10 Dove Hunting Tips
Finding 10 dove hunting tips to follow is, relatively speaking, a tough task. In the world of upland game hunting, birds like quail and pheasant dominate the scene. Dove hunting, though, can provide the same level of excitement and enjoyment that any other upland game does. In fact, doves are often even more challenging because of the speedy, unpredictable nature of their flight patterns. In effect, using these 10 great dove hunting tips will give you the extra advantage necessary to bag a limit in the field.
- Get a dog. Upland game hunting is traditionally done with trained game dogs. It’s their job to sniff out and scare the birds in the air. Without one, you’ll likely just be wandering around the field with a gun for a few hours.
- Get your gun. Because they’re so small and quick, a lot of dove hunters choose go with a bigger-than-traditional upland game shotgun. Perhaps the most popular is a twelve gauge pump action. The increased size and quick action will help you to hit fluttering birds.
- Walk, walk, walk. Before setting foot on the dove hunting ground, make sure you’re in good enough shape to do some serious walking. Dove hunting often requires that you cover miles before running into a flock of birds.
- Invest in protective gear. Unlike hunting for other species, you will be shooting a ton when going after doves. Most upland game hunters prefer a vest with an added protective shoulder pad to cushion intense, continual shotgun recoil.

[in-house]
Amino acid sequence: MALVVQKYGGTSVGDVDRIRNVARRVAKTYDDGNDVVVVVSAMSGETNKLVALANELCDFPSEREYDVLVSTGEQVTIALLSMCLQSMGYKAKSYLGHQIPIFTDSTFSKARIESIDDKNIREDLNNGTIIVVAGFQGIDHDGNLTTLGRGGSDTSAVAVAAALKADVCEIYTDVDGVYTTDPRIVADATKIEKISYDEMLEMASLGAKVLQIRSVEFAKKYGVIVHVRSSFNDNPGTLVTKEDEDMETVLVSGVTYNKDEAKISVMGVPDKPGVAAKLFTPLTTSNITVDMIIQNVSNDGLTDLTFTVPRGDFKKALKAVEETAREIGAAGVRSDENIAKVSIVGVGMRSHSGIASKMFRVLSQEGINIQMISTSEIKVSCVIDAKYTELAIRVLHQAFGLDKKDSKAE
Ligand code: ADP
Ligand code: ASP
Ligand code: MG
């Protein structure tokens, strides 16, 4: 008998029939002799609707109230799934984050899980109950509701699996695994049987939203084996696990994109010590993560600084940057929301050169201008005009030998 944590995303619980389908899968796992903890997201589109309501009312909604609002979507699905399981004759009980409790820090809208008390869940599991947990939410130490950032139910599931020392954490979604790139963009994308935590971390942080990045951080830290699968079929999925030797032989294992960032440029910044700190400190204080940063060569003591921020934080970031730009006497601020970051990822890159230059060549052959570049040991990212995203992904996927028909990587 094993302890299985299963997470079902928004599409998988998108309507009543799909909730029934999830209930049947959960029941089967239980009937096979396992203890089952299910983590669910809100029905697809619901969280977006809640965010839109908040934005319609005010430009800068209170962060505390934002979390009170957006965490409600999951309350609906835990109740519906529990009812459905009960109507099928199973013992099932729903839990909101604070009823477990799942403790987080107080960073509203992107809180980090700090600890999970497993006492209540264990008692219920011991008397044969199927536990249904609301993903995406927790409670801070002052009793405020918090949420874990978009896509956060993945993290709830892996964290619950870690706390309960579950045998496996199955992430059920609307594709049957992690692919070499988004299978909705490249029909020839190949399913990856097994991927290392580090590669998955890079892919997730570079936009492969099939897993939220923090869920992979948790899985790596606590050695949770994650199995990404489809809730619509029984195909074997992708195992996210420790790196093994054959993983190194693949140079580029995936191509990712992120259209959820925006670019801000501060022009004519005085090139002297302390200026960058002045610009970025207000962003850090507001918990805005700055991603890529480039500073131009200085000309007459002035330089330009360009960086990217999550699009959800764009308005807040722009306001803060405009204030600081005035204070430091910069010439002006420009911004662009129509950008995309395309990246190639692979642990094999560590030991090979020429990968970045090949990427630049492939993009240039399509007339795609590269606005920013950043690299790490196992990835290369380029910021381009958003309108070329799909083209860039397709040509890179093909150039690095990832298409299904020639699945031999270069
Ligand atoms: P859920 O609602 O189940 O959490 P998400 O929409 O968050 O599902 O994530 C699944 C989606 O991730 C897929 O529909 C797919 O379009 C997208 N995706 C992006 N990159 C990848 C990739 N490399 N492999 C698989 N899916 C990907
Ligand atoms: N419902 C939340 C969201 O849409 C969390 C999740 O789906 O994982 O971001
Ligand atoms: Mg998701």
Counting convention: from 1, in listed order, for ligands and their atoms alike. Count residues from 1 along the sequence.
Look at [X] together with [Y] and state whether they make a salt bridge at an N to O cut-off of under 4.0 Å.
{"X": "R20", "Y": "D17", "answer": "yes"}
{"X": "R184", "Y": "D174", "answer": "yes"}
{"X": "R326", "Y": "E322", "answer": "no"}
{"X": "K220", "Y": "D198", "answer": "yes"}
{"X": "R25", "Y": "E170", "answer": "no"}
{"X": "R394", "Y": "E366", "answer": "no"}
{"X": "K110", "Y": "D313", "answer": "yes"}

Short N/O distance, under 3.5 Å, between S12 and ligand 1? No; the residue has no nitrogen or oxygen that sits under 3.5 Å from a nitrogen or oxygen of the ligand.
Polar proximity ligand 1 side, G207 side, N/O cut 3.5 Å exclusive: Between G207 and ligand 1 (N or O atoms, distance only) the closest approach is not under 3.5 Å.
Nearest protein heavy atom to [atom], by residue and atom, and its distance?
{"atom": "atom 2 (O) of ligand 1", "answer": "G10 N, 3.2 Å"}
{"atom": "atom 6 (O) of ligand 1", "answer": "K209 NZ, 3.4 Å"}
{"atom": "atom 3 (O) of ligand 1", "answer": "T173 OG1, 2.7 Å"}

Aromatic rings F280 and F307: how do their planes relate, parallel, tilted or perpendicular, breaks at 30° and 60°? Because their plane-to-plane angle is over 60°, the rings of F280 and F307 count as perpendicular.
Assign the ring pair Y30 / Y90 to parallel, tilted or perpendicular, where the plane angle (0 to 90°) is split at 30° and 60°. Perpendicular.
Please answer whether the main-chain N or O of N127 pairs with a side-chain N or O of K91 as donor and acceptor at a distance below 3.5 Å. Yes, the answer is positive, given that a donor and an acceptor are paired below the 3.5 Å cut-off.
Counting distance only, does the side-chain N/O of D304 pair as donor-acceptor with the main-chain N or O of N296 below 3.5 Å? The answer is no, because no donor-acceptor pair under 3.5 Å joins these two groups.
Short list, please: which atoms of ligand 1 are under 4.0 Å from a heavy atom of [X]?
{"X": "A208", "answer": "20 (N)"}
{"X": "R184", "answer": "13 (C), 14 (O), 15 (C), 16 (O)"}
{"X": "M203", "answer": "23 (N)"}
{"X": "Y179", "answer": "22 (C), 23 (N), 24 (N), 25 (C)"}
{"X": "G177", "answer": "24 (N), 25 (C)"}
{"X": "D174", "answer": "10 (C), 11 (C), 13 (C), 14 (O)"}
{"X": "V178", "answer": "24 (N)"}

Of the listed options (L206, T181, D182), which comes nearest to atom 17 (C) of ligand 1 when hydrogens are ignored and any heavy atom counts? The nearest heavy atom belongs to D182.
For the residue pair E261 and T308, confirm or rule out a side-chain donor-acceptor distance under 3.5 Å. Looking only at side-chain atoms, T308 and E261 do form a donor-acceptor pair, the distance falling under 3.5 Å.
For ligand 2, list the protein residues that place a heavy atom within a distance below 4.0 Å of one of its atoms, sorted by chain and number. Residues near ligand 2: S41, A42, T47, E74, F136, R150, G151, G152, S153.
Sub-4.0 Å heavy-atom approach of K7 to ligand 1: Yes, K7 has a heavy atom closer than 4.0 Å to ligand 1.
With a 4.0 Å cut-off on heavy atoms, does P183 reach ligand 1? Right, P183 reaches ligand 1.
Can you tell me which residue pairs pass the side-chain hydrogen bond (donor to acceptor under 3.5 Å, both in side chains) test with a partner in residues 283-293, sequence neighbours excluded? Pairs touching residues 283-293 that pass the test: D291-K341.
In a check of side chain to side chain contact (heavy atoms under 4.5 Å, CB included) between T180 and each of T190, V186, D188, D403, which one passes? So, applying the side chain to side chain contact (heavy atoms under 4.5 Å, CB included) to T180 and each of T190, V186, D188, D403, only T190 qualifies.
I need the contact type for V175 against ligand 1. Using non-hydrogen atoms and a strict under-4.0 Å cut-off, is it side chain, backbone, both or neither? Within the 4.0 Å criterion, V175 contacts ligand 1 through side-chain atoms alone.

- Bring several boxes of ammo. In the same vein, the sheer amount of shooting in dove hunting means that you’ll need to bring a box or more of shotgun shells. You don’t want the lack of ammo to be an affecting factor when trying to take your limit.
- Practice your shooting technique. Clay bird shooting is one of the best technique-honing activities that a dove hunter can engage in. When you’re not in the field, get out to the shooting range as often as possible – those doves are far from easy to hit.
- Set your gun up for doves. Most shotguns come with an adjustable choke that regulates the size of your shotgun patterns. When you go dove hunting, make sure it’s set nice and wide to give you a better chance of making kills.
- Train your dog on doves. The game of choice for most upland game dogs, of course, is fetch. One trick to help get your dog used to bringing you doves is to freeze a couple of them, and use them as fetch toys for your pup (outside, preferably).
- Use group communication. This dove hunting tip pertains to the fact that dove hunting is usually a team sport. Develop a quick series of signals with your hunting buddies to optimize your performance in the field together.
- Scout the area, or consider a guide. If you’re going to be dove hunting in a familiar spot this year, make sure you get out there beforehand to see where the doves are. It will save you a lot of walking when the time comes to hunt. Similarly, your hunting group might consider throwing in on hiring a guide if taking a trip to unfamiliar terrain in search of doves.